Brienne, an Andean bear at Smithsonian's National Zoo and Conservation Biology Institute, gave birth to two cubs Nov. 15.

Smithsonian’s National Zoo and Conservation Biology Institute in Washington, D.C. is celebrating the births of two Andean bear cubs.

The cubs were born on Nov. 15 to a 3-year-old mother named Brienne and a 9-year-old father named Quito, who are both first-time parents, NZCBI said in a news release. Zoo staff have been monitoring both Brienne and cubs since, with keepers reporting that the newborns are “active and vocal.”

Staff at NZCBI are “cautiously optimistic” that the cubs will thrive, the release said.

The births of the two cubs is especially significant because of the Andean bear’s vulnerability and relatively small population worldwide. Andean bears are South America’s only bear species, NZCBI says, native to the Andes mountain range.

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The Andean bear, also called the spectacled bear, is listed as vulnerable on the International Union for Conservation of Nature’s Red List of Threatened Species. Estimates suggest there are only 2,000 left in the wild, NZCBI said in its release.

Andean bear Brienne with her two cubs following their birth on Nov. 15.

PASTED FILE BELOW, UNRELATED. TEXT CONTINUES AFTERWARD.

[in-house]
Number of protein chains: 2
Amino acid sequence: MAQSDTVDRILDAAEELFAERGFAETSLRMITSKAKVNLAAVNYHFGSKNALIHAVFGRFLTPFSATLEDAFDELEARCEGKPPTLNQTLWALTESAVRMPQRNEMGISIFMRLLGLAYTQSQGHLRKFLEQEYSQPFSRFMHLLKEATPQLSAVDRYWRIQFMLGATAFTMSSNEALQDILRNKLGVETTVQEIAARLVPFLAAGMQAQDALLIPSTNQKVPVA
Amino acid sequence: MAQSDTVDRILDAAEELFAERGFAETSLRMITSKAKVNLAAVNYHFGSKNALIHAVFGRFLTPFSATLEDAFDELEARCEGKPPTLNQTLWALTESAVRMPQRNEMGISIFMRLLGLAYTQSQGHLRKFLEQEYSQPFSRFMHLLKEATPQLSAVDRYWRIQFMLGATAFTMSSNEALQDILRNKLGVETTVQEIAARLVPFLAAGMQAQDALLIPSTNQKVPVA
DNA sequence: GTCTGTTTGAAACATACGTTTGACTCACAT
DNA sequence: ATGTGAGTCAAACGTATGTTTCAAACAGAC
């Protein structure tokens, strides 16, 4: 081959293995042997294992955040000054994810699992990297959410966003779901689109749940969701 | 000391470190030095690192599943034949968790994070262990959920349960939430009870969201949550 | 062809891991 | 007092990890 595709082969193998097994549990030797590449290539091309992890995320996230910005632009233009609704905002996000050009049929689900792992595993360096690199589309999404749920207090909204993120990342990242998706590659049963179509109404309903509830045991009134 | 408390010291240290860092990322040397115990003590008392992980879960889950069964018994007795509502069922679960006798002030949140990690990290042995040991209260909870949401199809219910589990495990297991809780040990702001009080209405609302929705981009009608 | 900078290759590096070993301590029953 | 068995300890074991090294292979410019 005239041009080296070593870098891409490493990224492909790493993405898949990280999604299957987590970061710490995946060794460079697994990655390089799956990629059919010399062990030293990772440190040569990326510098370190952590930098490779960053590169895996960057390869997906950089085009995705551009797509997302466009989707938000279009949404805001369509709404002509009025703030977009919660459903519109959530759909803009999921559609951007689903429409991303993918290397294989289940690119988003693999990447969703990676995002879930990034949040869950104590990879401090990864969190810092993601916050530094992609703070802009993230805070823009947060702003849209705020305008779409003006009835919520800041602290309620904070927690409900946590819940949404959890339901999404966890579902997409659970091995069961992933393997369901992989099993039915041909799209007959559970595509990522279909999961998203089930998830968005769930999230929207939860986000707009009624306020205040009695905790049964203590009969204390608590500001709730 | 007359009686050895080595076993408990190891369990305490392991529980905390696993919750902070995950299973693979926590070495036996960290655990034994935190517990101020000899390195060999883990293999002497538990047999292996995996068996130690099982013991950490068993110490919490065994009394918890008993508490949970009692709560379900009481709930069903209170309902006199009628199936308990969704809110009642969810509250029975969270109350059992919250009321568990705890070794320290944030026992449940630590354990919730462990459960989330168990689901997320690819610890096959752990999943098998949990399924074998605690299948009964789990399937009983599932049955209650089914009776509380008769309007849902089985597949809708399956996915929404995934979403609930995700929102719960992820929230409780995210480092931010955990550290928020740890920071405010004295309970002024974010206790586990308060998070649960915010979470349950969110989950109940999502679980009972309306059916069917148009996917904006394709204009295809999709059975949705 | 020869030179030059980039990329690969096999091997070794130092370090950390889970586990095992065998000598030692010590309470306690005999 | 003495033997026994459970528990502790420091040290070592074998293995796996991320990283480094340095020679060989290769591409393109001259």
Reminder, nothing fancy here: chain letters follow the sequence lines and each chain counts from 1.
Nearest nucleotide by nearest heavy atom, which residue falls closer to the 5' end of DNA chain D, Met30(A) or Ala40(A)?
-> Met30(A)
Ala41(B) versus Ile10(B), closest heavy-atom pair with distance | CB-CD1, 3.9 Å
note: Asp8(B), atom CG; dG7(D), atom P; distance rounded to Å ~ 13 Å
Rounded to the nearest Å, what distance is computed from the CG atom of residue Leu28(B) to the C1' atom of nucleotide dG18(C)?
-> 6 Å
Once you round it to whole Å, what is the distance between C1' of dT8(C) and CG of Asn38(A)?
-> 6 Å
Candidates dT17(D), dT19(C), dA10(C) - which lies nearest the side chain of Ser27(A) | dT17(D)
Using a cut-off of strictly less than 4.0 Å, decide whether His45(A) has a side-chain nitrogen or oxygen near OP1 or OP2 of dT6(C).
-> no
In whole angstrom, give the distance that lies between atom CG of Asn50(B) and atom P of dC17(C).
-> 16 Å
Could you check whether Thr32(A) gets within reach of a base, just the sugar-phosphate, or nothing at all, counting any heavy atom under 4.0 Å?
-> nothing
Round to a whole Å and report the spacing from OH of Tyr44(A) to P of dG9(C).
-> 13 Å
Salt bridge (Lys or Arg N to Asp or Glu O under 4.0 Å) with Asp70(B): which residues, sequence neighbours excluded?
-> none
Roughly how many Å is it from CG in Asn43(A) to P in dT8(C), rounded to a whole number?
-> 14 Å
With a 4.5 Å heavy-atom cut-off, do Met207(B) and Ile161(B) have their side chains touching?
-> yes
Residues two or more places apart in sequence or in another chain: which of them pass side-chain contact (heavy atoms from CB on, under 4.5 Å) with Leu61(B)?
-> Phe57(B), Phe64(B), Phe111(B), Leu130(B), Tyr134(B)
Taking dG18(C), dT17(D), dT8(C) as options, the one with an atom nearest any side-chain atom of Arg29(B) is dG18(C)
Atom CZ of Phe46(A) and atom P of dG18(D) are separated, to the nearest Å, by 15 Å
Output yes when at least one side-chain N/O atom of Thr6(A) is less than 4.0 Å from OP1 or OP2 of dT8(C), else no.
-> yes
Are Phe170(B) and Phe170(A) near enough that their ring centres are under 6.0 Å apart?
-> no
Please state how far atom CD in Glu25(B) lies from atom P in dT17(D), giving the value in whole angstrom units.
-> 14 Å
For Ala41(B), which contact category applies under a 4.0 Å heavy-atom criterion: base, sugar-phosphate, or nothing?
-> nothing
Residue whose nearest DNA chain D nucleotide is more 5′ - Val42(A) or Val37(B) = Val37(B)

Just under 40 Andean bears are in the Association of Zoos and Aquariums’ Species Survival Plan, an initiative of programs that work to manage the breeding and sustainability of certain species.

“These cubs are extremely important to the SSP demographically and genetically since Quito’s genes are new to the North American population. We’re looking forward to watching Brienne navigate motherhood and, of course, all the cute antics we’re bound to see from little bear cubs!” said NZCBI animal keeper Sara Colandrea, who also keeps track of all Andean bears in the North American SSP as studbook keeper and a SSP coordinator.

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Names for the two Andean bear cubs born at NZCBI have not been announced yet. In two to three months, veterinarians will perform exams for the cubs and determine their sexes, the zoo said in its news release.

NZCBI has noted in the past, like when two other Andean bear cubs were born at the zoo in December 2012, that “it is difficult to determine the sex at such a young age when genitalia have not fully developed.”

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